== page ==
Across the city, within walking distance of the centre, another massive structure sprawls raggedly into the air. This is DOV, originally called the Rudolf Ironworks, which was in continuous operation from 1828 until 1998. Over that 162-year period, it produced 90 million tons of crude iron, using 200 million tons of raw materials and 42 million tons of coke, mined out from under Landek Hill and Ostrava.
That industrialisation only went further when the USSR ‘liberated’ the Czechs in 1945. There were plans — eventually abandoned — to demolish the entire city centre to get to the coal. But between 1953 and 1956, large new areas were built, even as the building of the traditional family homes was banned.
One of these areas, Poruba, shows the marks of Soviet civilisation. The building style here — Social Realism — features murals and statues modelled after the perfect socialist worker and family. Across all of the monolithic apartment blocks stride murals of idealised husbands, wives and children. And every building is huge, a great box to hold hundreds of people, embellished with this unsubtle propaganda, set on wide boulevards.
A particularly striking building called Oblouka (‘The Circle’), was modelled after the monumental squares of St Petersburg, with a bifurcated road running through two arches built into its wide crescent. From the air it apparently looks like a hammer and sickle — presumably for the benefit of American spyplanes and the few Soviet masters allowed to fly — though on Google Maps, it looks like they forgot the hammer. A typical slogan blazoned on it reads ‘Strong as steel, educated with power, defend your rights, world peace.’
Everywhere you go in the city, similar murals and statues appear, but in Poruba they’re set across a whole dystopian district. Even as these buildings were being constructed, they were failing. Many of the buildings are asymmetrical, with missing statues and carvings, as the money ran out before the builders got to them. In photos from the time of their construction, even with these difficulties the buildings look clean and impressive. Yet, 50 years on, the soft dusk of a sunny Ostravan evening makes them look weather-beaten and tired.
Though people still live in them, places like Poruba are curiosities, and at the heart of the city’s attempts to reinvent itself. Given its weird appearance, the area is starting to be used as a location for films, with Vin Diesel filming Babylon A.D. here. Thanks to its great, wide boulevards it has also hosted the world inline skating championships.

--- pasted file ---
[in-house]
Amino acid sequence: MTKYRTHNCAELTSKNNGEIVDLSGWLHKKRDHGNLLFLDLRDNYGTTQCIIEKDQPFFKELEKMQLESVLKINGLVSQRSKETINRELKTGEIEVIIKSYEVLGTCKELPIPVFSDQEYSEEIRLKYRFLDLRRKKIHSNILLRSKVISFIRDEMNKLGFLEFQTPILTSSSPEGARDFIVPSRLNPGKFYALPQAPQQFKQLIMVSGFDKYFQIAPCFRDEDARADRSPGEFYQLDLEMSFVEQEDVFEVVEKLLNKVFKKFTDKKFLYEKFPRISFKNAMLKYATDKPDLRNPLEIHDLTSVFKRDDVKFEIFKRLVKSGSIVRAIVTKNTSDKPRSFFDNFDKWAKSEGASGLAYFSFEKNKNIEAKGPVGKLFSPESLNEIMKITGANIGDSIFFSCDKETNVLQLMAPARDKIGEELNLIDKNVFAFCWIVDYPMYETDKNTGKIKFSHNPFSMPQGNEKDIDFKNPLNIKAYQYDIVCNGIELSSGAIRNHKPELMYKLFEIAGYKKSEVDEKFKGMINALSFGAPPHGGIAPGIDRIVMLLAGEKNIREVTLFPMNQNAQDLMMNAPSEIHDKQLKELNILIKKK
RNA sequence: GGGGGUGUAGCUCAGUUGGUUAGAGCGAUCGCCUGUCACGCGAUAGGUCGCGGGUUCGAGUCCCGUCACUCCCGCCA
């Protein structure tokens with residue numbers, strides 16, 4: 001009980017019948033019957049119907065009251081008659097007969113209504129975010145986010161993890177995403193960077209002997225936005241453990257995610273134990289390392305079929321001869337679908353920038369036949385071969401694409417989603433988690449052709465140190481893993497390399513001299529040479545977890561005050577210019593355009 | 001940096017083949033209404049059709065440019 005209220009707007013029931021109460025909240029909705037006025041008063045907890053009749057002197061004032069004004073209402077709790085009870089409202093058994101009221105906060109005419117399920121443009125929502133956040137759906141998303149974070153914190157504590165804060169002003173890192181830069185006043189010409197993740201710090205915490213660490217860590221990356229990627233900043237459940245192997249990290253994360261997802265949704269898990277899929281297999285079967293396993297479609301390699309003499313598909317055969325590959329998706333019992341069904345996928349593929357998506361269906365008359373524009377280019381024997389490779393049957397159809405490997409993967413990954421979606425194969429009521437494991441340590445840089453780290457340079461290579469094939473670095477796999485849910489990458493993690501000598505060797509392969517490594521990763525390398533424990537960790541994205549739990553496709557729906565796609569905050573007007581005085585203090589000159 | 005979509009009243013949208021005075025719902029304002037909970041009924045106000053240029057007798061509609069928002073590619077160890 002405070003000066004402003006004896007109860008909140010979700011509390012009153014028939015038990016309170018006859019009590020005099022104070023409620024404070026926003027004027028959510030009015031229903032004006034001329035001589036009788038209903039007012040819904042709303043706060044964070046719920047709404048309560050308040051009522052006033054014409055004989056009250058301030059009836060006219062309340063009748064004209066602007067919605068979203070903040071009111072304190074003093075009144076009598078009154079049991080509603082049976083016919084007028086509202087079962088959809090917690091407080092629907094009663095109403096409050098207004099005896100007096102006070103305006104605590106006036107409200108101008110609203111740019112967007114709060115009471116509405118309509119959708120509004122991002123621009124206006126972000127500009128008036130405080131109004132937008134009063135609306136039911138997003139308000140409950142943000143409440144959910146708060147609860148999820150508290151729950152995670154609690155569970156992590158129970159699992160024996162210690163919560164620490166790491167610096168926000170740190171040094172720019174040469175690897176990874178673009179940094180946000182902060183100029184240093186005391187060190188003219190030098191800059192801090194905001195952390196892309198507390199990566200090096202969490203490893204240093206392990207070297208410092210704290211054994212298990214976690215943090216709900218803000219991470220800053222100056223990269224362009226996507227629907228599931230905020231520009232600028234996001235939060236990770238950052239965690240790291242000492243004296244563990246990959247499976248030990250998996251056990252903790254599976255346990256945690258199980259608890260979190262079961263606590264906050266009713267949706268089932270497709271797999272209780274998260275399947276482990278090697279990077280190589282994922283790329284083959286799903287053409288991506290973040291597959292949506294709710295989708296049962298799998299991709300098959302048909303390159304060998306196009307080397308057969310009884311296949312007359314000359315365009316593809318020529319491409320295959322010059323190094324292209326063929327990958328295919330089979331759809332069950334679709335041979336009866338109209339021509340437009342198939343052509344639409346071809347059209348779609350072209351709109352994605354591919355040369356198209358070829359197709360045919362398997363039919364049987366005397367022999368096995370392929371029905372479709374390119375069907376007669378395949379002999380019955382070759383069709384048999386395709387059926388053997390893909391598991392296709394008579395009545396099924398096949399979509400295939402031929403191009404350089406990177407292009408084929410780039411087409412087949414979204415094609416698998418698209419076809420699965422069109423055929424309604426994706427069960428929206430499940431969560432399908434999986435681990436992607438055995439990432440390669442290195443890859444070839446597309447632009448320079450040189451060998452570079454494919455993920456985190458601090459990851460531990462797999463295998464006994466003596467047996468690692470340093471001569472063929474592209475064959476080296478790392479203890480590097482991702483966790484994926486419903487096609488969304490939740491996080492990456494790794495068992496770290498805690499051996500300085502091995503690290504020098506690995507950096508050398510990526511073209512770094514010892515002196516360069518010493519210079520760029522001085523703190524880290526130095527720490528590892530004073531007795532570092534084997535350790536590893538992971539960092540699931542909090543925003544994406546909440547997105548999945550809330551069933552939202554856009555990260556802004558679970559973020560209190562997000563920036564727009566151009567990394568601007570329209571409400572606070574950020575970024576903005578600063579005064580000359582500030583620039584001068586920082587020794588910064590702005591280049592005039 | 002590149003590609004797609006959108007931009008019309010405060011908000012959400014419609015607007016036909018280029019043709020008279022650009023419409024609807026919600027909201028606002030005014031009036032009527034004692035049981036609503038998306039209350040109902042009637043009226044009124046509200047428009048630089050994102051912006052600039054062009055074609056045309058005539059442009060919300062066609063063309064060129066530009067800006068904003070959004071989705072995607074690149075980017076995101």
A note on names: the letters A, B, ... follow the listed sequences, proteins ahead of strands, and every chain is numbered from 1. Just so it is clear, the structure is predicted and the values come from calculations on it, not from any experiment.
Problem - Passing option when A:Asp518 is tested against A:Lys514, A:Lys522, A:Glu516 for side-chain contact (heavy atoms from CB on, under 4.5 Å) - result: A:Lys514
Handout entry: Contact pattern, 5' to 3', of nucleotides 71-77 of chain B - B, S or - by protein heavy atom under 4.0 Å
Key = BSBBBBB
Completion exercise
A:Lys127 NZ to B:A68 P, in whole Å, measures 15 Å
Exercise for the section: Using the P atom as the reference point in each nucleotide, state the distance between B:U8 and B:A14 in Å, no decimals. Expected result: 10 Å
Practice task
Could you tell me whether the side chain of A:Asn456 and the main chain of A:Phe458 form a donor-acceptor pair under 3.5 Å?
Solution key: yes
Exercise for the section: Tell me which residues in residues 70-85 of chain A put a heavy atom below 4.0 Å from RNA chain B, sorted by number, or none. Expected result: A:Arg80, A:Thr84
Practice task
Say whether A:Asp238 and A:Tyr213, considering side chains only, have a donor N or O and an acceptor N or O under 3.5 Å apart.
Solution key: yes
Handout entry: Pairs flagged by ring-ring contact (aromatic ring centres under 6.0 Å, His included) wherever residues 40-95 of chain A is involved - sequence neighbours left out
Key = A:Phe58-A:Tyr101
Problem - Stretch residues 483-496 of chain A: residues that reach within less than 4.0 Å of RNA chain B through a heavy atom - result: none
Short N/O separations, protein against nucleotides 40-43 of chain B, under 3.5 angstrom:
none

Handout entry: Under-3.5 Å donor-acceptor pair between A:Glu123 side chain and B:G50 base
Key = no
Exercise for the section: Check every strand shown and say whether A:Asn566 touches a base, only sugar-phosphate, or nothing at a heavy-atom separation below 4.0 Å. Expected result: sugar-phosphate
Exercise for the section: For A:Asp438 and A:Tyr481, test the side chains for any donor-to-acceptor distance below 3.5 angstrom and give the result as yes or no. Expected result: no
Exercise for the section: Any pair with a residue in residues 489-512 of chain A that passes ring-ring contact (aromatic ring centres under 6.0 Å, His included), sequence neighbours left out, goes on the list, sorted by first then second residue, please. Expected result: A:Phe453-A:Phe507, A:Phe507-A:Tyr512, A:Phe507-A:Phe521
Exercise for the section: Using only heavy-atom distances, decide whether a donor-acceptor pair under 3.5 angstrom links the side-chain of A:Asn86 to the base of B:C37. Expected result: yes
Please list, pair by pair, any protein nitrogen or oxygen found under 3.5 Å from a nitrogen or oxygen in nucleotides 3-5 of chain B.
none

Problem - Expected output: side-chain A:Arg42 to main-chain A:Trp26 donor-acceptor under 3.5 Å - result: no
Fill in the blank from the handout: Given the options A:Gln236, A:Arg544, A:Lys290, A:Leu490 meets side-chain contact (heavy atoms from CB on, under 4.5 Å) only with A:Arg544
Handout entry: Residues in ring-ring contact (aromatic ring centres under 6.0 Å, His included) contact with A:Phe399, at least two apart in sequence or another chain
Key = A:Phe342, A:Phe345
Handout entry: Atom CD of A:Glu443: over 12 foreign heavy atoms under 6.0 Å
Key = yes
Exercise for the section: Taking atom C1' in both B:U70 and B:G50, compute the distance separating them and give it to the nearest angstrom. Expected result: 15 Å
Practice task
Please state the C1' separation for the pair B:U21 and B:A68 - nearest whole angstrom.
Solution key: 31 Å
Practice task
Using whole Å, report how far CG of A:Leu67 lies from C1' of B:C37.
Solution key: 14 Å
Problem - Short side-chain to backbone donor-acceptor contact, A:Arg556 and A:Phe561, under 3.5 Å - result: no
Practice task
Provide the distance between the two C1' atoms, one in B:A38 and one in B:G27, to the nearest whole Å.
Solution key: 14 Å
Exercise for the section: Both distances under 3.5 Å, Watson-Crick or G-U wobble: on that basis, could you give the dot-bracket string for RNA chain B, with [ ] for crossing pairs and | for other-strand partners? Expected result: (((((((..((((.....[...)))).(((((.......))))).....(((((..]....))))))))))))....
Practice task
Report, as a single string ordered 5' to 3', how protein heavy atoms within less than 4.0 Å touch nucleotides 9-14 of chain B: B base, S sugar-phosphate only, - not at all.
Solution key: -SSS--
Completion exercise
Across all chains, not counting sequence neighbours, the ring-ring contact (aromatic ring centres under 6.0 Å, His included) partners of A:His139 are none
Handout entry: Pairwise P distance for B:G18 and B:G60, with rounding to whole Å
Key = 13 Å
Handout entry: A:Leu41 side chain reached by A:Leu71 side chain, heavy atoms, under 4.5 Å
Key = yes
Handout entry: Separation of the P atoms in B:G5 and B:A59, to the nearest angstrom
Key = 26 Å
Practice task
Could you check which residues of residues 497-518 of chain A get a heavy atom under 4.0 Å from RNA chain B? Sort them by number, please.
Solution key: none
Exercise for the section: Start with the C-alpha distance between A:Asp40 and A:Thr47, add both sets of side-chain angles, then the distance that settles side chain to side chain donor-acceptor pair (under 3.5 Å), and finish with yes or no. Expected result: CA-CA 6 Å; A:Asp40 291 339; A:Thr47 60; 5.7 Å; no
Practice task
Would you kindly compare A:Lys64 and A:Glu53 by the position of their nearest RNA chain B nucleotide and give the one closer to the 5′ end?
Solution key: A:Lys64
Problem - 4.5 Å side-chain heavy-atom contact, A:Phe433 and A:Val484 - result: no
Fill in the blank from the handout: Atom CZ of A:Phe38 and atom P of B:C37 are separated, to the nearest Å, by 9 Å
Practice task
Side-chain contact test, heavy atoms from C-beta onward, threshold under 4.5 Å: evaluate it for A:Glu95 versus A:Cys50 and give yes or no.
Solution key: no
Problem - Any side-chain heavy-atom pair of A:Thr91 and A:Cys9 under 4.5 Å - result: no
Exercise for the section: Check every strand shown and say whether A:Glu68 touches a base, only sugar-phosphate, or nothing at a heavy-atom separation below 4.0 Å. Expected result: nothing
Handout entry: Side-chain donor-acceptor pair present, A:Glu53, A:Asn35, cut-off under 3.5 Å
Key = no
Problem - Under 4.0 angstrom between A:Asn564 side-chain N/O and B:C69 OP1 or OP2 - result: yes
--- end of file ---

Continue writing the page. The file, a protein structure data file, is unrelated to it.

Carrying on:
The Russians made their mark in other ways too. The old cafés of the Imperial era either shut or went into slow decline — only a couple survive today and they’re much outpaced in popularity by the cruder delights of the pub-filled Stodolni Street. Those ancient buildings that hadn’t been moved to the Ethnographic Museum and had survived the tank battles and bombings that devastated the city centre, sometimes survived the Soviet regime, but are now surrounded by the forthright styles of the era.
THREE WAYS TO REGENERATE
But it is that legacy of industrialisation, from both capitalists and communists, that is Ostrava’s current challenge. The town is dealing with regeneration in three ways, which you can see when you look out from the great tower on top of the New City Hall: turning its heritage, good and bad, into tourist attractions; bringing in new attractions; and tackling the environmental problems of its industrial legacy.
Looking out from that town hall tower, you can see the hundreds of chimneys and towers that birthed the modern city. They mostly closed just after the Velvet Revolution of 1989, especially the ones close to the city centre. Poruba, the Ethnographic Museum and Landek are all efforts to reuse existing sites for tourism.
DOV has taken a more interesting turn, one that makes it a must visit for any tourist. Put a hard hat on and you can explore inside and out the awe-inspiring blast furnace tower — now called Bolt Tower — and even ride up in the coal hoist into the primary blast furnace chamber. For the other half of your day, the museum has converted a former gas holder into a stunning multifunctional auditorium called Gong, and has made even better use of the former VI Energy Central Station. This has been remodelled as a top-end science and technology museum with a range of exhibits that rival those in London’s Science Museum.